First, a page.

Ordinarily, children and teens across the country would now be attending summer camps—making new friends, learning about nature, and engaging in fun, educational activities. The COVID-19 pandemic has altered such plans, but as kids shelter in place, they can vicariously experience different versions of camp thanks to these books, reviewed by Kirkus Indie:

For the youngest campers, there’s Stover Goes To Camp, part of a picture-book series by Kathy Brodsky with illustrations by Cameron Bennett. In it, Stover, a young pig, is anxious about going to sleep-away camp for the first time—but he has so much fun swimming, sailing, and stargazing, among other activities, that he’s eager to return next year. Kirkus’ reviewer calls it “a comforting introduction” that “honestly portrays the nervousness that first-time campers feel.”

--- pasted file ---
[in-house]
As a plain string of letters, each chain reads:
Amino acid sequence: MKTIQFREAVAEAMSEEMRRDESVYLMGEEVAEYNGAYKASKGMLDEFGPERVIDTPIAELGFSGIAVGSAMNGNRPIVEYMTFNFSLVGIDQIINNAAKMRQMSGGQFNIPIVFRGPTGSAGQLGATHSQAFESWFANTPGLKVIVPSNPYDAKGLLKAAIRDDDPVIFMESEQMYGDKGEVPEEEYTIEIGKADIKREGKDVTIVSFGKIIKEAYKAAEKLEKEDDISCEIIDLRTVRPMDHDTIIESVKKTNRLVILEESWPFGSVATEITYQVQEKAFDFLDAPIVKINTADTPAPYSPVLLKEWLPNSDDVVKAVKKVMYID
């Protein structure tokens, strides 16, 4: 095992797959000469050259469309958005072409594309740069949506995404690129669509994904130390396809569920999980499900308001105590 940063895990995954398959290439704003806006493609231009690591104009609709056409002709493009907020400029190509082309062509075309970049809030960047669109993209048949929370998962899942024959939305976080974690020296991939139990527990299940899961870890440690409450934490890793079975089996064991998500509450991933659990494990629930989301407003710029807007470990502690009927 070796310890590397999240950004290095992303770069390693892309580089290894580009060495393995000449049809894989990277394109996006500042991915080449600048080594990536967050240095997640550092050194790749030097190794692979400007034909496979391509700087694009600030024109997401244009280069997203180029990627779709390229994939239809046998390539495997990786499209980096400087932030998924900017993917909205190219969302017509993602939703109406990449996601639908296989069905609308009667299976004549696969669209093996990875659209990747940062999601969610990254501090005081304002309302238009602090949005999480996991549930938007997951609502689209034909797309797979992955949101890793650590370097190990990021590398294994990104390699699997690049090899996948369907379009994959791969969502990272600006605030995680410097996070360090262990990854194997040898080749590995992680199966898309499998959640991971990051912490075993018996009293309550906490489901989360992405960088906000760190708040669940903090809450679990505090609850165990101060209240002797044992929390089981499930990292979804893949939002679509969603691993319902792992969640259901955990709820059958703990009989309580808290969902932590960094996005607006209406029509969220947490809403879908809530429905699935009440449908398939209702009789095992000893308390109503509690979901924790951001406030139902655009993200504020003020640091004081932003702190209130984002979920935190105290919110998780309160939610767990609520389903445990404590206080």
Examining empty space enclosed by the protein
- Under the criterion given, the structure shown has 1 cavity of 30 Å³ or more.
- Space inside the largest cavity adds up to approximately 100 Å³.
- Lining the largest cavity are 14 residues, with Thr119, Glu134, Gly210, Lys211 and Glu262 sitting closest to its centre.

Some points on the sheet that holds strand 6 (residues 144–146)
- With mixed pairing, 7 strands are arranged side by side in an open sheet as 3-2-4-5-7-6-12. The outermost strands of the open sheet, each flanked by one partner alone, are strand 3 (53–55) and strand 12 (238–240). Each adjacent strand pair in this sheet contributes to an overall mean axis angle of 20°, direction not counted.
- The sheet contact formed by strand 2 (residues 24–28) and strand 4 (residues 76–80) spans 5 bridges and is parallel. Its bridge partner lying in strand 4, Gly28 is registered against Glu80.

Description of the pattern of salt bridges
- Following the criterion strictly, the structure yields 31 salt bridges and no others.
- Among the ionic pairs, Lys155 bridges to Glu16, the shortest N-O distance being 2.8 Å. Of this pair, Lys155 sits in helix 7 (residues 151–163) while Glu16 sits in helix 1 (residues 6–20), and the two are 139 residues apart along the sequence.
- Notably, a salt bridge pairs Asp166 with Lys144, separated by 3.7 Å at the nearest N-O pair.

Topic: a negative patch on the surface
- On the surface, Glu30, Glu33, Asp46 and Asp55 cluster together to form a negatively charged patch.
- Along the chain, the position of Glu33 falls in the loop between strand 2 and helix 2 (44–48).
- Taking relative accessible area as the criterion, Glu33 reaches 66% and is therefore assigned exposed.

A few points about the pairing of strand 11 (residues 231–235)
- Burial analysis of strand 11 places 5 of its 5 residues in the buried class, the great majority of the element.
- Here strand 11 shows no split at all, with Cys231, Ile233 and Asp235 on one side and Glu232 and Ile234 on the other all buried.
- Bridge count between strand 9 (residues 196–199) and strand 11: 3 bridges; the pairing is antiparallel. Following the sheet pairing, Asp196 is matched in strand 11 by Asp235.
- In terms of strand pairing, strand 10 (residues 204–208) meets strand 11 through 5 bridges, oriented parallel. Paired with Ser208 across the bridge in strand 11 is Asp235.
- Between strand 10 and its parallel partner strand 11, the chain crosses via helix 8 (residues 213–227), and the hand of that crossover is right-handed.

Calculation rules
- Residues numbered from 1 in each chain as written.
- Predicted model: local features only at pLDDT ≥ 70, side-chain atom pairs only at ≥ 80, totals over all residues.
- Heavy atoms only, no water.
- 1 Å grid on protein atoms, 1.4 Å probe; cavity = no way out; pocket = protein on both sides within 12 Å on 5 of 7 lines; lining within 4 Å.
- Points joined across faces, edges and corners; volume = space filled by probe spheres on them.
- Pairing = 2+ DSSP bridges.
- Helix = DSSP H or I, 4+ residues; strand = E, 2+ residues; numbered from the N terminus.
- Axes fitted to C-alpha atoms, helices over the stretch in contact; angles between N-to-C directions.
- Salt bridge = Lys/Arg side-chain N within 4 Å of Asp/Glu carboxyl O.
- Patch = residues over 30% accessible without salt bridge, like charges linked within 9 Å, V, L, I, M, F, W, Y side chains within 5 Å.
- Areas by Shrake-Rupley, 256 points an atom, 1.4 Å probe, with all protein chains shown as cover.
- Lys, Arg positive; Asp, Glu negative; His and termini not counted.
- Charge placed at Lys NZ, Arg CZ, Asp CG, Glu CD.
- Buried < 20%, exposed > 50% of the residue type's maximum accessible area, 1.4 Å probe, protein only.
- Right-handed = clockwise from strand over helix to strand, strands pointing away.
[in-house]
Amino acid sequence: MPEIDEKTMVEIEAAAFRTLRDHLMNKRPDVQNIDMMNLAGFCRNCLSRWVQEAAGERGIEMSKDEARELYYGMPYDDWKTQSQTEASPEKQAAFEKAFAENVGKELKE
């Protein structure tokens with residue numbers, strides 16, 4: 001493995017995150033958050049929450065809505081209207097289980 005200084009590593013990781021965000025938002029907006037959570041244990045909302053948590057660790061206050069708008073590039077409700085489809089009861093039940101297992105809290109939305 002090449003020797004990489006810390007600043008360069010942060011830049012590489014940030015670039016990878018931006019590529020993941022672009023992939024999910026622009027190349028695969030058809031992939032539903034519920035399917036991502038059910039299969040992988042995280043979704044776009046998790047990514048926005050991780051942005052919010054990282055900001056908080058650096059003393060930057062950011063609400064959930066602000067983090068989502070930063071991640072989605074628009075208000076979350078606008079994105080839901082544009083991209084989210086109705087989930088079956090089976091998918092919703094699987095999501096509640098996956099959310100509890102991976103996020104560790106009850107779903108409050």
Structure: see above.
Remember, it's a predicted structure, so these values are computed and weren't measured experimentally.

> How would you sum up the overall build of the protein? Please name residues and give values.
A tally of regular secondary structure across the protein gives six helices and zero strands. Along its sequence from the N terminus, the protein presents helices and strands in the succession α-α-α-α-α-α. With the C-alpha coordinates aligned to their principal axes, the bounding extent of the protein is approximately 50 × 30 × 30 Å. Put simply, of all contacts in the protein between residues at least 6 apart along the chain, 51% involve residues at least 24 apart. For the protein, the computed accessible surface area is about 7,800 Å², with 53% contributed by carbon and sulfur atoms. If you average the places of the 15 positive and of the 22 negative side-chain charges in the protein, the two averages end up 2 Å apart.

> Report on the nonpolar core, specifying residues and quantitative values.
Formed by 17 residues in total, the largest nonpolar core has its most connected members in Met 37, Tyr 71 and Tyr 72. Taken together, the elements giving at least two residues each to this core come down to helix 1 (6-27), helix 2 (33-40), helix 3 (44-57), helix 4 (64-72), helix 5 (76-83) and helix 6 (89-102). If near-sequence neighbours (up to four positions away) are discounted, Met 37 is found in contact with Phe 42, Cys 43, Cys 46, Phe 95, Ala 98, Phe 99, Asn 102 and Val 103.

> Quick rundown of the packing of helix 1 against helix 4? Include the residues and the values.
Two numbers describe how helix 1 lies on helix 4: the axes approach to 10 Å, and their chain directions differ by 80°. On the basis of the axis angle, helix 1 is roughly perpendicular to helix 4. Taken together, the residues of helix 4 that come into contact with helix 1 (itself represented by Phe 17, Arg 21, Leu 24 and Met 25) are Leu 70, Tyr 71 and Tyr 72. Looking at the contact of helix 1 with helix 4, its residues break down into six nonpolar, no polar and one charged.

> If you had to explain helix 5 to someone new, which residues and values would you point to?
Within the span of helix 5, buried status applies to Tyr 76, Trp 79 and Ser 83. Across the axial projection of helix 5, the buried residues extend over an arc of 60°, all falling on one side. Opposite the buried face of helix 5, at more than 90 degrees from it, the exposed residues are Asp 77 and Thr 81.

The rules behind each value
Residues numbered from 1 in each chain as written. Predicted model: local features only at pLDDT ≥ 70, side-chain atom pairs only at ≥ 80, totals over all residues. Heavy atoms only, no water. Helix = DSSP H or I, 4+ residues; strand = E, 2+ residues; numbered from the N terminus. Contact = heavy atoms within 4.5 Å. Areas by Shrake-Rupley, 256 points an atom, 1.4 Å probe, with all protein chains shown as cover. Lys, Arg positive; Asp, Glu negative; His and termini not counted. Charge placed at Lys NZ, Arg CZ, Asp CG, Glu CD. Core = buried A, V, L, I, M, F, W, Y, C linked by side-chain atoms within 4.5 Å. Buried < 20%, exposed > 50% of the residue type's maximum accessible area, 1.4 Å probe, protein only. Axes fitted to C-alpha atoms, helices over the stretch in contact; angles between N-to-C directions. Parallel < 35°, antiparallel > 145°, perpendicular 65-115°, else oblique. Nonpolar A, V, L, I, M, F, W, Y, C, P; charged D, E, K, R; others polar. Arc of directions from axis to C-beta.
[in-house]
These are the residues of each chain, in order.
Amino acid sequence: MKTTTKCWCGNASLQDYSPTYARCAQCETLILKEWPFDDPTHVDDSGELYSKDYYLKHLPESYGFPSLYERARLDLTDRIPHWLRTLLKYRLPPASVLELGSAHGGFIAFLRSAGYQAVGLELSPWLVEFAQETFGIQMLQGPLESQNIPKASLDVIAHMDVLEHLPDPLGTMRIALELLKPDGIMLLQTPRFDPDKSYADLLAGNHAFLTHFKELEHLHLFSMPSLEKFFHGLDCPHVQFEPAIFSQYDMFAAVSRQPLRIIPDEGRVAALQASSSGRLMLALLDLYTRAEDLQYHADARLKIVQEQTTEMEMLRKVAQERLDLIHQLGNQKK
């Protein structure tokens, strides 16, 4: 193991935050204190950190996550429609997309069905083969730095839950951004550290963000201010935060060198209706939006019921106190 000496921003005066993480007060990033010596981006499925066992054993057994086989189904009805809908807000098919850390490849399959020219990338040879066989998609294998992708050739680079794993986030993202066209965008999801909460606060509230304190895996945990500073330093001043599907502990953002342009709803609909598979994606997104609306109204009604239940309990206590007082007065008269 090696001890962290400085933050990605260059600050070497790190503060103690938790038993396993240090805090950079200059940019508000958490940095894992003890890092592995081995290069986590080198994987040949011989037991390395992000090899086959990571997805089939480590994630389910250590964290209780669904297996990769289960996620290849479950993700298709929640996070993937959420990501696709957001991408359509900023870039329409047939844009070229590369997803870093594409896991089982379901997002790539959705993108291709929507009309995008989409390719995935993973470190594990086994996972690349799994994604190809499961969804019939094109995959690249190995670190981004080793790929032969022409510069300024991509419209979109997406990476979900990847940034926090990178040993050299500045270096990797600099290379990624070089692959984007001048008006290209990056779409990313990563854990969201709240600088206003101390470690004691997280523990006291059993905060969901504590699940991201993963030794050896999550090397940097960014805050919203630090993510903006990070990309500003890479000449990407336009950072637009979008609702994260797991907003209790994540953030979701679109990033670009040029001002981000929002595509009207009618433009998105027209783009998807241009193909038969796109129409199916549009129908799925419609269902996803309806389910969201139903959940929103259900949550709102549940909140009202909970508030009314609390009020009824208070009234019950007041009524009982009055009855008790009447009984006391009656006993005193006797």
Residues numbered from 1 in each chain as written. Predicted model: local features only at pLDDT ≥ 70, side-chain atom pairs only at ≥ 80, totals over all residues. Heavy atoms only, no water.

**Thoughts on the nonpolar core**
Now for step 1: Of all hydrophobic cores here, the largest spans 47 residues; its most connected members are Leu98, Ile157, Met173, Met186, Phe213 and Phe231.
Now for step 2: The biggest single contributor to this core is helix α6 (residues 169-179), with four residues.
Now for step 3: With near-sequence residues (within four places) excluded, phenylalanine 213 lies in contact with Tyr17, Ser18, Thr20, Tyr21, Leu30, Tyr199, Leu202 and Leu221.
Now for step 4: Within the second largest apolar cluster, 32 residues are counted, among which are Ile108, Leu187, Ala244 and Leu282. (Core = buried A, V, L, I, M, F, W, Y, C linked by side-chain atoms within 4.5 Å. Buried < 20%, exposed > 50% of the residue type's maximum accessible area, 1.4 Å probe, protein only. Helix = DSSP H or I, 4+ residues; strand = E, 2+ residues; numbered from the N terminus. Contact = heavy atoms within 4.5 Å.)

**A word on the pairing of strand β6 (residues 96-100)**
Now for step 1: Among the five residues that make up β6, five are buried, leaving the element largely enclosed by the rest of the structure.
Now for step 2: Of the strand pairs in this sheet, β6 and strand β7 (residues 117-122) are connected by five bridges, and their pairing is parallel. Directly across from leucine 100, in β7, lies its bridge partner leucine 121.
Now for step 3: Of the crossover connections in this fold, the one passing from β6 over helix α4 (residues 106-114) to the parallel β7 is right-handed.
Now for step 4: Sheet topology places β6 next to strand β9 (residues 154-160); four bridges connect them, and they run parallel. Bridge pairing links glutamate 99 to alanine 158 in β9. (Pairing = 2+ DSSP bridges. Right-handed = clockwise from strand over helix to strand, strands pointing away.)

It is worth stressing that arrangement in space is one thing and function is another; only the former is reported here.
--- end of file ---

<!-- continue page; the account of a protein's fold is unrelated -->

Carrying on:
In Renee Perez’s middle-grade novel Camp Strange, fifth grader Ezekiel Raroso discovers that he has magical powers, so he’s sent to the titular camp—which, as it turns out, is for Faerman children, also known as fairies. Ezekiel soon makes friends, sprouts wings, and confronts sinister forces. Kirkus’ review compares this summer-camp tale to J.K. Rowling’s work, although it approvingly points out that Ezekiel is “a less hotheaded 11-year-old than Harry Potter was.”

A YA mystery by Dolores Maggiore, Death and Love at the Old Summer Camp, tells the tale of 15-year-old Pina Mazzini, who, in 1959, explores an abandoned boys summer camp while on vacation. While there, she has a disturbing supernatural vision of a bully taunting a younger boy; she investigates further with her best friend, Katie, for whom she also has romantic feelings. Further visions reveal that a murder may have occurred at the camp years before—and that Katie’s father may have been involved. Kirkus’ reviewer calls the book “a pleasant pastiche of teen sleuthing and coming-of-age gay romance.”

David Rapp is the senior Indie editor.